You may or may not have seen the new Man of Steel movie wherein the parallels between Superman and Christ are quite unabashed. However, one similarity that seems to have gone unnoticed in the reviews is the “Holy Family dynamic” of Clark Kent and his parents.
As a family, The Kents are very much your middle American archetype, normal in every way save for the child literally sent to earth to save it (geese, be more blatantly Christ-like will you?). They have the usual growing pains as young Clark gradually discovers he is ‘different,’ enters puberty in time to discover his true identity, and then, as an adult, wrestles with his adopted father, Jonathan Kent (played by Kevin Costner) over what to do with his life (hmm, what profession meshes well with all of these super powers, eh?).
Not too ironically, Clark’s father, who wants his adopted son to keep his abilities a secret, perhaps as an example of humble justice and service himself, becomes the protagonist who shapes Clark’s final decision to “out” his identity and accept his vocation to help the world (St. Joseph, anyone?). But it is the presence of Superman’s mother in which we find notable Christ/Virgin Mary likenesses.
Superman’s mom (Diane Lane) appears throughout the film continuously offering consolation and encouragement. “Nice suit, son.” She says acceptingly after he re-emerges from consummate anonymity, never questioning his decision to start saving the world, (or the necessity of wearing a cape to do so.) We see her docility to her son’s decisions as a consistent aspect of her character, during Clark’s childhood especially when she comes to console him as he slowly acclimates to his abilities.
It is critical for us to know her if we are to understand Superman’s own compassion for the world he dedicates his life to saving. The closeness between mother and son is evident throughout the film and nothing ticks the guy in the blue off more than when some military general from space tries to mess with her.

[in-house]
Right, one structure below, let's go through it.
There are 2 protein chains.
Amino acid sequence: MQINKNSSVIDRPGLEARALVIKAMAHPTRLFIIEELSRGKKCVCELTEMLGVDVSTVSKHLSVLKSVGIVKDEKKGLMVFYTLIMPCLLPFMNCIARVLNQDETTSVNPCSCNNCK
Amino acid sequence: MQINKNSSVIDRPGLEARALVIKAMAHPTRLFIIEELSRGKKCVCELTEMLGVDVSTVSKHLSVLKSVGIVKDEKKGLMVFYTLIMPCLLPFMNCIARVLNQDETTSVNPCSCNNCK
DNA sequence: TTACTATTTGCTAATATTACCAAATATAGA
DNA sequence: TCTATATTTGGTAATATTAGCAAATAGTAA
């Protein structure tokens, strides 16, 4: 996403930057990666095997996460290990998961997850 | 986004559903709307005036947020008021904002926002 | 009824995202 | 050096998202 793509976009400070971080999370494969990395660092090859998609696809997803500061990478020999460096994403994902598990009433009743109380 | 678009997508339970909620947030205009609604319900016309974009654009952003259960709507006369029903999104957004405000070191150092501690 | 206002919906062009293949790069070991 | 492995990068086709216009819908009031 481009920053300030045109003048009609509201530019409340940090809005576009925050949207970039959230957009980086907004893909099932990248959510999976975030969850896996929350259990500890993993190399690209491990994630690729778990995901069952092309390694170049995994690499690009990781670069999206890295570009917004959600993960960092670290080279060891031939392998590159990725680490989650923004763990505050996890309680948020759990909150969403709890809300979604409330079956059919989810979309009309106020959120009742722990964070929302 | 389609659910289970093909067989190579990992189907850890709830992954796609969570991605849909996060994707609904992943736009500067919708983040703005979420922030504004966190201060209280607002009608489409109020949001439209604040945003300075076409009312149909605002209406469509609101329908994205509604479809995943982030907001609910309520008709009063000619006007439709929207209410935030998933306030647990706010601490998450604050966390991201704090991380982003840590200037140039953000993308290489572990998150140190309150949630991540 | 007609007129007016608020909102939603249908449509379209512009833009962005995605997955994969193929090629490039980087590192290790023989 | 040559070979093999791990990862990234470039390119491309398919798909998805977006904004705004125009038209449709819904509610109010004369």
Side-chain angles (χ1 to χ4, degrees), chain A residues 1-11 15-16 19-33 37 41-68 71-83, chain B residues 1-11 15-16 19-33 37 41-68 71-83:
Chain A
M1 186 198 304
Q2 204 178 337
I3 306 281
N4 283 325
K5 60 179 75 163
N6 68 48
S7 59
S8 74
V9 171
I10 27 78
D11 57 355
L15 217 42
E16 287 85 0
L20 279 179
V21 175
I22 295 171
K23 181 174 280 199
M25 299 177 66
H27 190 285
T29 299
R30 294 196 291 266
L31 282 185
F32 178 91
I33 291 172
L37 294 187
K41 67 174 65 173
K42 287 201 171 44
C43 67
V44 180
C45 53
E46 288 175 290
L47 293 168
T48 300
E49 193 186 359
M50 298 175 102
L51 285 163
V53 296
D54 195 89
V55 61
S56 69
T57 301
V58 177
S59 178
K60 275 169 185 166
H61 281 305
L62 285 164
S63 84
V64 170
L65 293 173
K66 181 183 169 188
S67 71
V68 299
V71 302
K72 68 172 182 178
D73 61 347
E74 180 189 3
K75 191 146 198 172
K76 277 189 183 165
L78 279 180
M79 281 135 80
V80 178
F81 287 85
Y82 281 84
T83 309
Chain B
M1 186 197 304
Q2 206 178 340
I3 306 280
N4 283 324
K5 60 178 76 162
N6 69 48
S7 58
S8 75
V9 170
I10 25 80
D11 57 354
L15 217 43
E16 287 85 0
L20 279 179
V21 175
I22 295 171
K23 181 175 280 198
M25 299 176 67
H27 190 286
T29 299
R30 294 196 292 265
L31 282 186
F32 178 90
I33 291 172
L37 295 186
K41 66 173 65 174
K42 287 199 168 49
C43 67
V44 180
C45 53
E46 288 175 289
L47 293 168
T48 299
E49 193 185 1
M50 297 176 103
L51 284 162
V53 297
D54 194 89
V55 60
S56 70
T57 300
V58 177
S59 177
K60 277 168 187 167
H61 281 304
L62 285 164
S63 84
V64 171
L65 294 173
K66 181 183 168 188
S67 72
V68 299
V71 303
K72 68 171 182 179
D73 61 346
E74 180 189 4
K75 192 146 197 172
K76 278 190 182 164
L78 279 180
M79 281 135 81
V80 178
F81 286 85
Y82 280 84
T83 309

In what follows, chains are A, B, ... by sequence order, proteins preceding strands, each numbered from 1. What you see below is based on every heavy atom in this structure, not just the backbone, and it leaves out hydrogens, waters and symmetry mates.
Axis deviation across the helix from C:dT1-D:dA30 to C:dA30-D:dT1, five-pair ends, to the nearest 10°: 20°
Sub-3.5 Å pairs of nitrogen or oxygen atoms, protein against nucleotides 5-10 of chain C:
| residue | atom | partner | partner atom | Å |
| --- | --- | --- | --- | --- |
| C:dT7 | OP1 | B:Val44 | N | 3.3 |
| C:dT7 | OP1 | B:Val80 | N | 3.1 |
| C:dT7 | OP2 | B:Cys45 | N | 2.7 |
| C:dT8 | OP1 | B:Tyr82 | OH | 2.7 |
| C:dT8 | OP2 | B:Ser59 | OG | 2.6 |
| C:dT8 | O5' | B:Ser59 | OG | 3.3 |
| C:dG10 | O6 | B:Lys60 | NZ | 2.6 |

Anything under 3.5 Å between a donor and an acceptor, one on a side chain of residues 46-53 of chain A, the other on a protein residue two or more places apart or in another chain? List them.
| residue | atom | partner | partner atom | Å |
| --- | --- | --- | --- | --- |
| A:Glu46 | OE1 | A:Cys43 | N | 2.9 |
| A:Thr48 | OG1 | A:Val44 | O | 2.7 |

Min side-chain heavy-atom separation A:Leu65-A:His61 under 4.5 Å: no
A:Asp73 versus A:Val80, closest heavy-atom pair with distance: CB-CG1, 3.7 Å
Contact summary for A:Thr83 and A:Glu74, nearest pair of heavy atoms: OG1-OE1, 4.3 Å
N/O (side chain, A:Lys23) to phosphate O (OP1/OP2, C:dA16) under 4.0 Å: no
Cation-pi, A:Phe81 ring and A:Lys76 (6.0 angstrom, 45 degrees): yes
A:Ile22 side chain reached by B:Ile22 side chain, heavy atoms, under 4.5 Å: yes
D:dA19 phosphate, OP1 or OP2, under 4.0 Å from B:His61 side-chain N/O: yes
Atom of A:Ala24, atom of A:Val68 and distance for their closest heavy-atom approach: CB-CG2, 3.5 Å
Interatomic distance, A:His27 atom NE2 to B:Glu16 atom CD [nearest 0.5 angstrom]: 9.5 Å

Where am I going with this? Well, only this: we parents who are so concerned with being superman or superwoman are really getting it wrong. Really we are raising them and, as the dynamic of the Holy Family shows, and Man of Steel gets right, it’s not in trying to accomplish magnificent feats (though those are accomplished along the way, it seems) it’s in the selfless, sacrificial dynamic of the family.
In other words, the world may need Superman, but even Superman needs his mom. And his dad, for that matter. As did Christ.
And as did my own son who was a horrible mess the other night. It was the sight of my sick baby wearing his Superman pajamas as he battled through a stomach bug that inspired this column. For, though my husband was the hero that night as he dealt with cleaning him and the disaster on the bathroom floor up, who do you think the little guy asked for?
You know it: he called for his mama.
“I need to go to mommy.” “I want momma.” He chanted until my husband let him come sailing into bed with me (It’s a bird! it’s a plane!) where he stayed until the morning. I can only hope and pray that he and all of my children will continue to still seek out my consolation as their mother throughout their lives.
For what it’s worth to every mom out there – you may not feel like it but you are the hero for Superman and Supergirl and every other child in this world. And the family really is the place where virtue is cultivated. I will let our beautiful Catechism sum up for me as I sign off to go tend to my superheroes (and does anyone know of a good pattern for a cape out there? If so please leave in the comment box!):
The Christian family is a communion of persons, a sign and image of the communion of the Father and the Son in the Holy Spirit. In the procreation and education of children it reflects the Father’s work of creation. It is called to partake of the prayer and sacrifice of Christ.
#2205 of the Catechism of the Catholic Church
Copyright 2013 Marissa Nichols